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Kleppel v. Hunter's Manufacturing Co., Inc.

United States District Court, S.D. Texas, Houston Division

April 1, 2019

KATHY KLEPPEL, Plaintiff,
v.
HUNTER'S MANUFACTURING COMPANY, INC. d/b/a TENPOINT CROSSBOW TECHNOLOGIES, Defendant.

          ORDER

          ANDREW S. HANEN, UNITED STATES DISTRICT JUDGE

         Plaintiff has filed a Motion for Reconsideration (Doc. No. 58) of this Court's order granting in part and denying in part Defendant's Motion for Summary Judgment. Defendant has filed a Response thereto (Doc. No. 59), and the Court now considers both.

         I. Kleppel's Contention Regarding Undertaking Claims

         Plaintiff Kathy Kleppel claims that this Court inappropriately granted the motion on her alleged "negligent undertaking" claim. Kleppel purports to set out her proof as to each element of her negligent undertaking claim in her motion:

Thus, Kleppel's summary judgment evidence proves: (1) TenPoint gratuitously undertook to provide its customers with the GripGuard retrofit that it knew or should have known was necessary for their protection, in fact, it was giving the GripGuard retrofit away for free at the time Kleppel contacted TenPoint and advised it that she had a Titan TL-4 crossbow which the Defendant, as the crossbow manufacturer, knew lacked a guard, (2) TenPoint failed to exercise reasonable care in providing its customers with the GripGuard retrofit by not providing Kleppel with a GripGuard when she contacted the Defendant a few weeks before her injury, and (3) TenPoint's failure to provide Kleppel with the GripGuard retrofit increased her risk of injury, indeed, she ultimately was injured in the precise manner that the GripGuard retrofit was designed to prevent. The Court even recited these facts in its summary judgment. See, Order, Dkt. 56 at 25.

(Doc. No. 58, p. 10).

         To support her motion, Kleppel cites as her primary authority the Supreme Court of Texas's decision in Torrington Co. v. Stutzman, 46 S.W.3d 829 (Tex. 2000). Kleppel's analysis and her evidence, however, do not warrant a reversal of this Court's prior decision.

         First of all, it is important to note that the Supreme Court in Torrington found the broad-form submission of negligence that was used in that case to be in error. That submission was as follows:

The negligence question asked: "Did the negligence, if any, of the parties named below proximately cause the occurrence in question?"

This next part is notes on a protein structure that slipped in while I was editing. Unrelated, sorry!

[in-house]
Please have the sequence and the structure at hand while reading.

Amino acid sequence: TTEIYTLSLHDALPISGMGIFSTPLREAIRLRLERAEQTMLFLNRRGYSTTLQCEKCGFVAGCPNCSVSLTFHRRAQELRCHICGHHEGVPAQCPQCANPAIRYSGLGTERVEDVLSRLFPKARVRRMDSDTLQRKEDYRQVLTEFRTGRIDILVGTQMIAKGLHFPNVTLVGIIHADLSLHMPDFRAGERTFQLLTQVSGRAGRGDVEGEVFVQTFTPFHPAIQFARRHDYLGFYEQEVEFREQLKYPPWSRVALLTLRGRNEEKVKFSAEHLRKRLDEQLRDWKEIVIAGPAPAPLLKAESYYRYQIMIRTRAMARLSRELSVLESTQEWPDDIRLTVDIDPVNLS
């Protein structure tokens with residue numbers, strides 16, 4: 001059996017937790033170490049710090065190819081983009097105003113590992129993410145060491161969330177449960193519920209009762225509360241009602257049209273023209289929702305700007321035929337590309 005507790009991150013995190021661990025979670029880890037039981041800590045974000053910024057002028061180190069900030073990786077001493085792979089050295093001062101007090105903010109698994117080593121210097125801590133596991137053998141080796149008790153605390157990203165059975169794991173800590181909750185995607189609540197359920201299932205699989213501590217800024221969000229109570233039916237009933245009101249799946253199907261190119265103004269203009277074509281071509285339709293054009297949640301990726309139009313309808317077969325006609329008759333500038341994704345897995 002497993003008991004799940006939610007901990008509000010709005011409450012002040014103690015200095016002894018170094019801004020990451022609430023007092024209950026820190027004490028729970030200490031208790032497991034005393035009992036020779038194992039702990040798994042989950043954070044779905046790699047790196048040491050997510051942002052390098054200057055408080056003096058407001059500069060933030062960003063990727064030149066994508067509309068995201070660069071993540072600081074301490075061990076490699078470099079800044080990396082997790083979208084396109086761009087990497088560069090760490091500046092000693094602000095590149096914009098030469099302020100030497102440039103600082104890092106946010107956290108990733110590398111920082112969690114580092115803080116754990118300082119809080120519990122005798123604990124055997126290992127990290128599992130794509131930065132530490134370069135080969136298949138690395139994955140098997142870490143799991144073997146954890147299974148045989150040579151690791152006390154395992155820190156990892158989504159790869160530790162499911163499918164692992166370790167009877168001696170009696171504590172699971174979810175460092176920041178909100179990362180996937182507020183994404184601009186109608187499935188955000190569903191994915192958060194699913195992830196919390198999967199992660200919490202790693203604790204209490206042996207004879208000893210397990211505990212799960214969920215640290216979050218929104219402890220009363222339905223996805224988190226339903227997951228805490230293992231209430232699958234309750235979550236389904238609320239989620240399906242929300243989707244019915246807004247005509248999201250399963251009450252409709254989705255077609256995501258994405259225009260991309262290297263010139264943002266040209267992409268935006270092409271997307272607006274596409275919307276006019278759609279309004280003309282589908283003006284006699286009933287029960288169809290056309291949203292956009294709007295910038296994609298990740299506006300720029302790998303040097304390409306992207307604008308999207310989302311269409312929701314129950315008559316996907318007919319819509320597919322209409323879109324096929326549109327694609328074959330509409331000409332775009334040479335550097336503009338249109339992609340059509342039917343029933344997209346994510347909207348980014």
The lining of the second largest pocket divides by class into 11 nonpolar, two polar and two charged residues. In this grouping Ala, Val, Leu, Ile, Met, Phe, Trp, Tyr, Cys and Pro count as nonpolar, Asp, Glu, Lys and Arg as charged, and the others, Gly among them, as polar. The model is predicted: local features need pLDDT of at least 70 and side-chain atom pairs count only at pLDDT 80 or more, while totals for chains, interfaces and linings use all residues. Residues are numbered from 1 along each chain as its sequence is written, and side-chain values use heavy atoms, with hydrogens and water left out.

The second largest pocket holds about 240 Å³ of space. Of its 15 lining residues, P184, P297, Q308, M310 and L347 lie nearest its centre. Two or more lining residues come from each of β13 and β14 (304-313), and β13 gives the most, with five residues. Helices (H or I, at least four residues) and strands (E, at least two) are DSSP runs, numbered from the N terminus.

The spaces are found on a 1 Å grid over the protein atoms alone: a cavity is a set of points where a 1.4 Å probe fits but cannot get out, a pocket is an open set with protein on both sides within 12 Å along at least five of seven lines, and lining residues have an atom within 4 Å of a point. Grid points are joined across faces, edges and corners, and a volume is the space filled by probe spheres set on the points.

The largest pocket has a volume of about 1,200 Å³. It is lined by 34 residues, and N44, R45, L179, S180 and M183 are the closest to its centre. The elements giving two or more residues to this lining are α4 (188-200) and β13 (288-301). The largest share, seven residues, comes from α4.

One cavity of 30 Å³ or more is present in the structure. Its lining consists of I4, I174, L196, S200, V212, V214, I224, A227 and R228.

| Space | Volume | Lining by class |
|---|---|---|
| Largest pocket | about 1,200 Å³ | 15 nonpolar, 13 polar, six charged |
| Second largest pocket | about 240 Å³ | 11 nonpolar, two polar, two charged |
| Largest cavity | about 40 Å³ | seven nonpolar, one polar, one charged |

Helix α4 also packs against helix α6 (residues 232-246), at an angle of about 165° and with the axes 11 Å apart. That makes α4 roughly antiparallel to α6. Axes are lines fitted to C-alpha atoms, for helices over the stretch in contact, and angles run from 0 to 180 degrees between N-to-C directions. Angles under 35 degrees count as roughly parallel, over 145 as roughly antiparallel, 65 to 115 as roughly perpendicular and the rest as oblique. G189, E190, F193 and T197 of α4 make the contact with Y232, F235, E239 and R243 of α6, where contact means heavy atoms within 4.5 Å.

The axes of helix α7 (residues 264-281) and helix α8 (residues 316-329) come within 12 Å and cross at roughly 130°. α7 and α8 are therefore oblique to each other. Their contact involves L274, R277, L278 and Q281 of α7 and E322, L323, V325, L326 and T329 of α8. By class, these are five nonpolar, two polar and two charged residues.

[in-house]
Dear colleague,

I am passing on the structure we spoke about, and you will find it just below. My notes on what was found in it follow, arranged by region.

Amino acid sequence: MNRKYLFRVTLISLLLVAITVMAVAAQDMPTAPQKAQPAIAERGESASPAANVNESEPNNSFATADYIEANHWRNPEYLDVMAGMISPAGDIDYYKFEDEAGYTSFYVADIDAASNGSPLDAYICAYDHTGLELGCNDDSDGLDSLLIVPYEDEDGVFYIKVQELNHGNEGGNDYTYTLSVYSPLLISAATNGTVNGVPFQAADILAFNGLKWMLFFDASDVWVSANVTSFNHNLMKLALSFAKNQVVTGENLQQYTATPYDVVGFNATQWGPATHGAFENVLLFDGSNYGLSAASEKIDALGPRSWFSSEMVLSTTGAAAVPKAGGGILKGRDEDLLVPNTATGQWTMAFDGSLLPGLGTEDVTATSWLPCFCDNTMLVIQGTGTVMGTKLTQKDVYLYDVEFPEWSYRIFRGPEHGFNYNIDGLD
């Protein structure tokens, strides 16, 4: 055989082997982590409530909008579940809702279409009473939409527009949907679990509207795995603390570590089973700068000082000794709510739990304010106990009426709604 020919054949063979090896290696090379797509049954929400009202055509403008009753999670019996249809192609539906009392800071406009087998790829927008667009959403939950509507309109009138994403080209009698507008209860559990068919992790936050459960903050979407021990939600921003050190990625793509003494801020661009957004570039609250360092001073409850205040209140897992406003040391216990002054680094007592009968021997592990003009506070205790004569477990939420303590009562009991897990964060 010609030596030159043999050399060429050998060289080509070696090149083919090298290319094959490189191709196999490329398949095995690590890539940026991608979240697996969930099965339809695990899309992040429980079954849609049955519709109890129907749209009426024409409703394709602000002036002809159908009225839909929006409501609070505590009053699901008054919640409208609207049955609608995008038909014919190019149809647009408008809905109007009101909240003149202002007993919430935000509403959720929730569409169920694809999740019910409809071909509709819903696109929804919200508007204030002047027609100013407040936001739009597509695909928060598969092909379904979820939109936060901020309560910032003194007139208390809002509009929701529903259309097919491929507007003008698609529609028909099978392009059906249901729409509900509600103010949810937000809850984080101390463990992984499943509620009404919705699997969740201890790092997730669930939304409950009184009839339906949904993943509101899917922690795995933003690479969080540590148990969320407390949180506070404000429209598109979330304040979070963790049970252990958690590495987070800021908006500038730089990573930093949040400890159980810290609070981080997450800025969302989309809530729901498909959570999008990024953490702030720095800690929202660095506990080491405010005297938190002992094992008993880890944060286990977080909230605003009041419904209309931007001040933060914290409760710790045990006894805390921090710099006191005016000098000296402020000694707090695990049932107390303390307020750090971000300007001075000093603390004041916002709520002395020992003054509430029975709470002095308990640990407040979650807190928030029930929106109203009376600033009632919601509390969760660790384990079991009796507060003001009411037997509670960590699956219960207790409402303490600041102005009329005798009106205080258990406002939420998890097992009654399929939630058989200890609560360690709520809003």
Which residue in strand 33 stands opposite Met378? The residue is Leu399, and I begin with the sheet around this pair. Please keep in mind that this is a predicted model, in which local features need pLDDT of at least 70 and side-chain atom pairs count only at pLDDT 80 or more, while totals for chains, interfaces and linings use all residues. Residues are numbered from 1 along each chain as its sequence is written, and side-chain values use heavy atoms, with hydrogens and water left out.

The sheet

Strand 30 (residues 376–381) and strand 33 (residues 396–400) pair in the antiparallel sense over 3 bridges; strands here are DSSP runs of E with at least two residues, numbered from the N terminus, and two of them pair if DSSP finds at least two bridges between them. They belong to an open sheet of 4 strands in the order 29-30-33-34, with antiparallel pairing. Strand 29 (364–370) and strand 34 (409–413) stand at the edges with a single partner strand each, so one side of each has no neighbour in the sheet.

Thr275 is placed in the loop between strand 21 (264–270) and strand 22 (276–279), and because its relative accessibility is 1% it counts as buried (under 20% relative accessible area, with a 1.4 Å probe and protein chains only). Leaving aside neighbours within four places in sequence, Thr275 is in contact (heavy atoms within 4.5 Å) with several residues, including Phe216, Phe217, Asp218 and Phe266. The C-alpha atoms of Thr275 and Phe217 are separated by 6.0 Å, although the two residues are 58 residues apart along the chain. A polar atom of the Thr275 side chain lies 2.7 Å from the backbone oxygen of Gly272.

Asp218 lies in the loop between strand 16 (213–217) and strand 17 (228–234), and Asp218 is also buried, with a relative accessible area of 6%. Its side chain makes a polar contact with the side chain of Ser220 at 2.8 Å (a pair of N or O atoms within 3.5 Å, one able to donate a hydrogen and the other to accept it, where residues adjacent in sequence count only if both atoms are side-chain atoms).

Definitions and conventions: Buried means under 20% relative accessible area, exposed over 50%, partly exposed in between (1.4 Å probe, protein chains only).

"Negligence" means failure to use ordinary care, that is, failing to do that which a person of ordinary prudence would have done under the same or similar circumstances or doing that which a person of ordinary prudence would not have done under the same or similar circumstances.
"Ordinary care" means that degree of care that would be used by a person of ordinary prudence under the same or similar circumstances.
"Proximate cause" means that cause which, in a natural and continuous sequence, produces an event, and without which cause such event would not have occurred. In order to be a proximate cause, the act or omission complained of must be such that a person using ordinary care would have foreseen that the event, or some similar event, might reasonably result therefrom. There may be more than one proximate cause of an event.

Id. at 837 n.6.

         The Supreme Court of Texas specifically addressed the reason that submission was incorrect in terms of the duty question:

Here, the broad-form negligence question allowed the jury to hold Torrington liable regardless of whether Torrington knew or should have known that its services were necessary to protect others. Cf. Spencer v. Eagle Star Ins. Co. of Am.,876 S.W.2d 154, 157 (Tex. 1994). The question also allowed an affirmative answer regardless of whether anyone relied upon Torrington's undertaking, or whether Torrington's performance of its undertaking increased the plaintiffs' risk of harm. Because the question allowed the jury to find Torrington liable even if the plaintiffs did not establish the necessary factual predicates for a negligent undertaking duty, it was erroneous. See Id. These essential elements of an undertaking claim should be included in the instructions accompanying a broad-form negligence question. Cf. Keetch v. Kroger Co.,845 S.W.2d 262, 267 (Tex. 1992). Thus, the jury should have been instructed that Torrington was negligent only if (1) Torrington undertook to perform services that it knew or should have known were necessary for the plaintiffs' protection, (2) Torrington failed to exercise reasonable care in performing those ...

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